Tommy (Houston, TX): Kevin, despite Ron Artest's proclivity for taking some ill-advised shots, by any statistical measure (net +/-, Adjusted +/-, etc.) he's a major positive for the Rockets. What kind of fair market value should he have this offseason (with the economy a consideration)

Kevin Pelton: Speaking of interesting free agents ...

I think Artest has proven indispensable enough to the Rockets that he'll probably re-sign in Houston without a ton of outside competition. His leverage in this situation is needing enough money to stay content. I can see a two-year deal in the $20M range.

Cole (BE ARMY): Will we see a less aggressive Yao on the defensive end , now that Deke is out? Can Hayes provide enough of a lift to make a bigger difference?

Kevin Pelton: Interesting thought. Yeah, he may have to try to conserve himself--but remember he picked up most of his fouls in Game 2 long after Mutombo was out. A lot in his case will depend on how the game is officiated. Hayes just gives up too much height to be effective in this matchup, I think.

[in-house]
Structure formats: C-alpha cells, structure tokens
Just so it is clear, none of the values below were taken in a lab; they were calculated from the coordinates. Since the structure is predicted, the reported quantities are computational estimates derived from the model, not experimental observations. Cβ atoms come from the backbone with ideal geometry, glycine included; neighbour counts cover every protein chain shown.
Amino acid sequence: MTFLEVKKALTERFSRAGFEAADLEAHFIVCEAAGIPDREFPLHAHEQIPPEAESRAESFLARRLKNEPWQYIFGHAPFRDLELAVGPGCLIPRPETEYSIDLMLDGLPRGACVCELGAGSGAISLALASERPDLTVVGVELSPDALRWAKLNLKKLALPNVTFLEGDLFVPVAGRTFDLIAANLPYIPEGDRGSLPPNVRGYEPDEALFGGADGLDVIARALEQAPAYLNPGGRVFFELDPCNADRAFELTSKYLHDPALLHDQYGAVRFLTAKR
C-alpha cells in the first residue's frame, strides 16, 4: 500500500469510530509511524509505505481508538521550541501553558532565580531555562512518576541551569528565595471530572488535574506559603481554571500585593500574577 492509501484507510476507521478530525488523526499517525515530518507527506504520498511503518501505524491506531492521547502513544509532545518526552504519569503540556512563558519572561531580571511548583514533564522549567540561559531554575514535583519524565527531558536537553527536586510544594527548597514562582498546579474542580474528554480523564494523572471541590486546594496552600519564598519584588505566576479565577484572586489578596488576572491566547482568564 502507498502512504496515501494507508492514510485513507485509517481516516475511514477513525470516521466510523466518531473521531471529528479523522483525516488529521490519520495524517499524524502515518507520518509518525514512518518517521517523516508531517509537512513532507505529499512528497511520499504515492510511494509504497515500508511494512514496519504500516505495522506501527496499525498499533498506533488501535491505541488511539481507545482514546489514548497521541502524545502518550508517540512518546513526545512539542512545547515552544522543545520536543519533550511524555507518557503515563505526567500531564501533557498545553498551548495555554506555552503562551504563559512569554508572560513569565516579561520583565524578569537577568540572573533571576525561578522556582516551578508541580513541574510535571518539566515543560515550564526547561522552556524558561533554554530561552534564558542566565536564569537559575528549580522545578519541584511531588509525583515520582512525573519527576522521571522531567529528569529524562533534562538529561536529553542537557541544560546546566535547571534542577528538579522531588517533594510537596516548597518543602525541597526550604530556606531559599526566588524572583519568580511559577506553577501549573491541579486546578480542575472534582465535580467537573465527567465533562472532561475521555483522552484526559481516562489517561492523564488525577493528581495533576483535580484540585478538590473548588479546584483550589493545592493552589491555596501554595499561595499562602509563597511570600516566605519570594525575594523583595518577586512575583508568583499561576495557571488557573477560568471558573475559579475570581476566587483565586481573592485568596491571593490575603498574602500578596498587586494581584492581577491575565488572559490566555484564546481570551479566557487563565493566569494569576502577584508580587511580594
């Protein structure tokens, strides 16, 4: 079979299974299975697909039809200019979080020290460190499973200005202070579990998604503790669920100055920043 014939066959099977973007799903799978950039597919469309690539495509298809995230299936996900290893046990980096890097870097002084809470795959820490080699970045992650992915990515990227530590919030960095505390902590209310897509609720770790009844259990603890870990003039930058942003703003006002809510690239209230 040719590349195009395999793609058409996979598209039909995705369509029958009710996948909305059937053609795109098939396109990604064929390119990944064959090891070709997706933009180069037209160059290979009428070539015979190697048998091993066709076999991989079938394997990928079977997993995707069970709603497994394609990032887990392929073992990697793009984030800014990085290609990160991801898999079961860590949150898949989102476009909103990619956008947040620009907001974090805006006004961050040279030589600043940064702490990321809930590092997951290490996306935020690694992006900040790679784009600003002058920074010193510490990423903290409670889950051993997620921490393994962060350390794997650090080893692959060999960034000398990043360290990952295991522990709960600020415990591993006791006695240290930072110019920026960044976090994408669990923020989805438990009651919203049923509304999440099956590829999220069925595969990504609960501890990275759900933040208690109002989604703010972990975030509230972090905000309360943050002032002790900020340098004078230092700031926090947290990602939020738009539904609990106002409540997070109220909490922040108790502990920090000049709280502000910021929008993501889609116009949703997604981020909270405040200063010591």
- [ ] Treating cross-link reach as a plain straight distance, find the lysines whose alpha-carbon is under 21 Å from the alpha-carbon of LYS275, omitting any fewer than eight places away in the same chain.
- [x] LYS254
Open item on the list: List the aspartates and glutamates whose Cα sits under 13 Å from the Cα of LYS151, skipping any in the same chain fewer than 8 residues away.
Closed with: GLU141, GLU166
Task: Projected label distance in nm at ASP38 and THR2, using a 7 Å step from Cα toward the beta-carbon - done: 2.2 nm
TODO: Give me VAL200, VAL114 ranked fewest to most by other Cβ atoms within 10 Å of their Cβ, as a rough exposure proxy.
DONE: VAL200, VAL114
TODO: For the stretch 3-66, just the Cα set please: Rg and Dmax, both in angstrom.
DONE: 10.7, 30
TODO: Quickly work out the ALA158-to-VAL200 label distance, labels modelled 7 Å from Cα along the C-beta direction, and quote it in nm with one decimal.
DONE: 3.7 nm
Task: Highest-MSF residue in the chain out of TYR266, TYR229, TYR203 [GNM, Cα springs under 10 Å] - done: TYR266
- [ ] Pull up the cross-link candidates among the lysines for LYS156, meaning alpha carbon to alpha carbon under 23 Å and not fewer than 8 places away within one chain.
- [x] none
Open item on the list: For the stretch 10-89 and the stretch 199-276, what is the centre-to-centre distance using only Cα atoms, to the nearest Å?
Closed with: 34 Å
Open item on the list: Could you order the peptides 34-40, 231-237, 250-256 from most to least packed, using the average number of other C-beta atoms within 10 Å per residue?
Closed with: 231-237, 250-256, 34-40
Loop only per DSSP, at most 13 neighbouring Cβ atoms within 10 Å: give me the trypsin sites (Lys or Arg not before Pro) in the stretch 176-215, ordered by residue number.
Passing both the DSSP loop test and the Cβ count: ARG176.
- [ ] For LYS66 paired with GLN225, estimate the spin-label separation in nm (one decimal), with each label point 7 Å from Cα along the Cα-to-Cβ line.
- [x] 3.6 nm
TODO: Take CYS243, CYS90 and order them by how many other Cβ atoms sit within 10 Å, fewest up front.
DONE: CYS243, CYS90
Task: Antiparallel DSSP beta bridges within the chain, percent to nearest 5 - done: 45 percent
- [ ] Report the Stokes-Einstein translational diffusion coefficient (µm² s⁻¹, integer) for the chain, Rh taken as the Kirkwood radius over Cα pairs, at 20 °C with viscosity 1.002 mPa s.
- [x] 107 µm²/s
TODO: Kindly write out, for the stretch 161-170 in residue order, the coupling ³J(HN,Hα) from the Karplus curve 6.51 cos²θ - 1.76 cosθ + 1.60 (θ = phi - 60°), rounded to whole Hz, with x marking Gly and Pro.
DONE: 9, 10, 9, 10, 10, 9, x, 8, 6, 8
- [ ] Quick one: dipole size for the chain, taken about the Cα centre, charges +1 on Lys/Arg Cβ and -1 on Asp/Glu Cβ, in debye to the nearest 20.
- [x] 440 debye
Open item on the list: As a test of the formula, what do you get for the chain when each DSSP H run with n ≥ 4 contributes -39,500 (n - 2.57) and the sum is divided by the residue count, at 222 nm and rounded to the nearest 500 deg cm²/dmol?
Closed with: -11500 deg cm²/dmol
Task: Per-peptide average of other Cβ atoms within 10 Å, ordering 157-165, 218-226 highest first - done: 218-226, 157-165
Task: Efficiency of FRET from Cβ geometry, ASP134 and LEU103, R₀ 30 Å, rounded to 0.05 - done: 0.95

Steve (Cleveland): Much was made of Orlando's beatdown of the Cavs just before the season ended, but since the KG injury, its all been worry-free for the Cavs, supposedly. Can't Orlando put a scare in them?

Kevin Pelton: That's looking a long ways ahead, but yes. Orlando had the best record against elite teams of any of the contenders. It will be interesting to see how meaningful that ends up being.

Terry (Philadelphia, PA): Kevin, are the Sixers just a legit 2-guard away from being a 50-55 win team? It seems to me that having a black hole at the spot (cough Willie Green cough) is their main weakness for the immediate future. Do you see any legit options to fix this on the free agent market or perhaps in the draft?

Kevin Pelton: Nobody jumps immediately to mind as a solution. An off guard who can spread the floor would unquestionably be a major difference-maker to them. It's just hard to win a lot of games without shooting the ball well from distance in the modern NBA.